US 2685205 A
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Aug. 3, 1954 c. H. BARN-Aha GAS SAMPLING APPARATUS A Filed Junk 28, 1950 2 Sheets-Sheet 1 TO HEAT RECOVERY FIG. .I
INVENTOR. CLAYTON BARNARD AT RNEY c. H. BA-RNARD As SAMPLING APPARATUS Aug. 3, 1954 2 Sheets-Sheet 2 Fil ed June 28, 1950 m OOOm I m OON mww o MD E INVENTOR- CLAYTON H. BARNARD h. 0 9? A own 2 255 Patented Aug. 3, 1954 TENT OFFICE GAS SAMPLING APPARATUS Clayton H. Barnard, South Euclid, Ohio, assignor to Bailey Meter Company, a corporation of Delaware Application June 28, 1950, Serial No. 170,917
This invention relates to gas sampling devices, and more particularly to apparatus for obtaining a continuous sample of the gases formed by the combustion of fuel.
The operation of a furnace, kiln, or any device in which the combustion of fuel takes place is sometimes determined by analyzing the gaseous products of combustion. A sample of the gases is obtained by extending a tube into the furnace or kiln and subjecting it to a suction produced by an aspirator. A large amount of dust is usually carried by the combustion gases and, in many cases, a substantial amount of water vapor is present. While a sample of the gases carrying dust and water vapor passes through that portion of the sampling tube which extends within the furnace, the temperature of the gases at that location'is usually above their dew point and no difficulty is experienced by condensation Within the sample piping.
A the sample passes from the furnace, the temperature soon drops below the dew point and the vapor condenses on the interior walls of the passage. Any dust carried with the sample stream then mixes with the moisture to form mud which soon begins to obstruct the passage. If water i introduced through the passage at the point of obstruction for washing the mud toward the aspirator, it will be found that the passage will then be cooled to the dew point in advance of the point where the water is introduced. An obstruction then forms at a location nearer the furnace. By introducing water to the sampling tube at a location near its open end,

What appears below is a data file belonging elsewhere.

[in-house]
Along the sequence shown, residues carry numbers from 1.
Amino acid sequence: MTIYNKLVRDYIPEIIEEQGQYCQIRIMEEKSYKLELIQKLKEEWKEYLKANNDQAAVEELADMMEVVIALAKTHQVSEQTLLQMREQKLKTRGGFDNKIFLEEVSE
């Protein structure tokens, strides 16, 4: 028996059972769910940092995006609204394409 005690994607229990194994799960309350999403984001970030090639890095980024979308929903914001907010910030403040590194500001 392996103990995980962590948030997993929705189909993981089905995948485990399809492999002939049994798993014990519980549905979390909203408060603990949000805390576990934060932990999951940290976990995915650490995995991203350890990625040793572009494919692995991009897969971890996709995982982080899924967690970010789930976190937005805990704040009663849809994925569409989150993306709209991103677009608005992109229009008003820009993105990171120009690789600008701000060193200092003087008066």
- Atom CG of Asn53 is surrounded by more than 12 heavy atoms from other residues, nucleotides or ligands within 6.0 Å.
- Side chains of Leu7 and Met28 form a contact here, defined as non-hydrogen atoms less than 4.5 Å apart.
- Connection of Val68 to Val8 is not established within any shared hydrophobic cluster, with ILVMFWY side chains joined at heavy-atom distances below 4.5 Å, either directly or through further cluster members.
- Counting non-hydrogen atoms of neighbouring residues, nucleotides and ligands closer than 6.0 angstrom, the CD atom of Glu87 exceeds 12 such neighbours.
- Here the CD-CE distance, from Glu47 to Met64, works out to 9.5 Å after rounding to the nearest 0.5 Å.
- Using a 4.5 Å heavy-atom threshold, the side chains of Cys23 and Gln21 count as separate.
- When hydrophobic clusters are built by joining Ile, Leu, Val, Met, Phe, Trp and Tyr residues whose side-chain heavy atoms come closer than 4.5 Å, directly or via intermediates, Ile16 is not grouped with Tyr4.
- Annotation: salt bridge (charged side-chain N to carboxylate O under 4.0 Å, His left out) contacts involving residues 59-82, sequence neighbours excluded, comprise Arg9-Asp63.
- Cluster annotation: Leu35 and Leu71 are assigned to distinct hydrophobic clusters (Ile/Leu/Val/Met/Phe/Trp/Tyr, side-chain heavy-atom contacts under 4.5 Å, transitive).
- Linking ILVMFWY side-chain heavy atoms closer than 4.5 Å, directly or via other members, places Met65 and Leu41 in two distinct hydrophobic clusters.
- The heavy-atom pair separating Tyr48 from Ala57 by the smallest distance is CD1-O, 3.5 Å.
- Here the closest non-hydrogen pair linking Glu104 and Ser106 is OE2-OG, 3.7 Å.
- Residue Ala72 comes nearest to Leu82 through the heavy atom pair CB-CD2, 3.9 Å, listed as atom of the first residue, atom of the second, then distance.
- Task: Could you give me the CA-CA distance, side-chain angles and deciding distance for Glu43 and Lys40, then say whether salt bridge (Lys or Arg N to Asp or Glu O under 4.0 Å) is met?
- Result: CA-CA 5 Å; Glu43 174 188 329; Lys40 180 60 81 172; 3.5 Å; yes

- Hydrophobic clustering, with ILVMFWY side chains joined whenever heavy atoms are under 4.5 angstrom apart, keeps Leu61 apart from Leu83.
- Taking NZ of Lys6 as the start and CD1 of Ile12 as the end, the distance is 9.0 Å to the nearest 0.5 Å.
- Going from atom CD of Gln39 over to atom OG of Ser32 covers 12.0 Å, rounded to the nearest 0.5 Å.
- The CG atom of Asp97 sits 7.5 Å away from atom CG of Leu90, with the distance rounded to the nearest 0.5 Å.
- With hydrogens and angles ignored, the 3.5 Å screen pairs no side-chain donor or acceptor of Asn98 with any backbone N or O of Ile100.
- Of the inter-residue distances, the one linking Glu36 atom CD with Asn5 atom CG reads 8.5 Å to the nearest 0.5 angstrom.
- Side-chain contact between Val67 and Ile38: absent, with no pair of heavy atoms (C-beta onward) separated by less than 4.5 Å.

the dust will be wetted to form mud at this point;
but if the water is directed in a stream opposite the flow of gases in the tube, the mud may be largely washed through the open end of the tube back into the furnace, while a smaller portion is wetted sufiiciently by the water to be kept in a fluid state which will not obstruct the tube as it .fiows with the gases toward the aspirator. Before the gases can be analyzed they must be cleaned of foreign matter and then be freed of all moisture. By removing the greater part of the dust at the entrance to the sampling tube the washing of the gases is greatly simplified.
The temperatures within the furnace or kiln to which the sample tube is subjected are very high and may be in the range of 1200 F. to about 3000 F. The sample tube assembly, continuously subjected to a velocity flow of these high temperature gases, is susceptible to attack by impingement, erosion, corrosion, and temperature. Sampling pipes for this service have been constructed of the best known metallurgical a1- loys for withstanding such attack. In spite of the fact that the sample tube may be constructed of alloys costing a great many dollars per foot they have in the past lasted only a relatively short time before breaking through or disintegrating to the point of requiring replacement.
7 Sampling tubes have been constructed to include jacketing arrangements for forced circulation of cooling fluids, usually water, but this may tend to cool the gas sample stream below its dew point and cause corrosion of the interior and exterior surfaces, although tending to protect the exterior surface of the assembly from direct heat.
An object of my invention is to provide an improved means for sampling combustion gases.
Another object is to provide an improved gas sampling tube having means for introducing water into the tube near its open end and in a direction opposite to the flow of gases. Still another object is to provide a gas sampling tube containing a nozzle for directing a conical shaped spray of water against its walls near its open end and in a direction opposite to the flow of gases. Still another object is to provide an improved gas sampling means including a tube having an open end adapted to be received within a furnace and means for introducing a spray of water into the tube near its open end.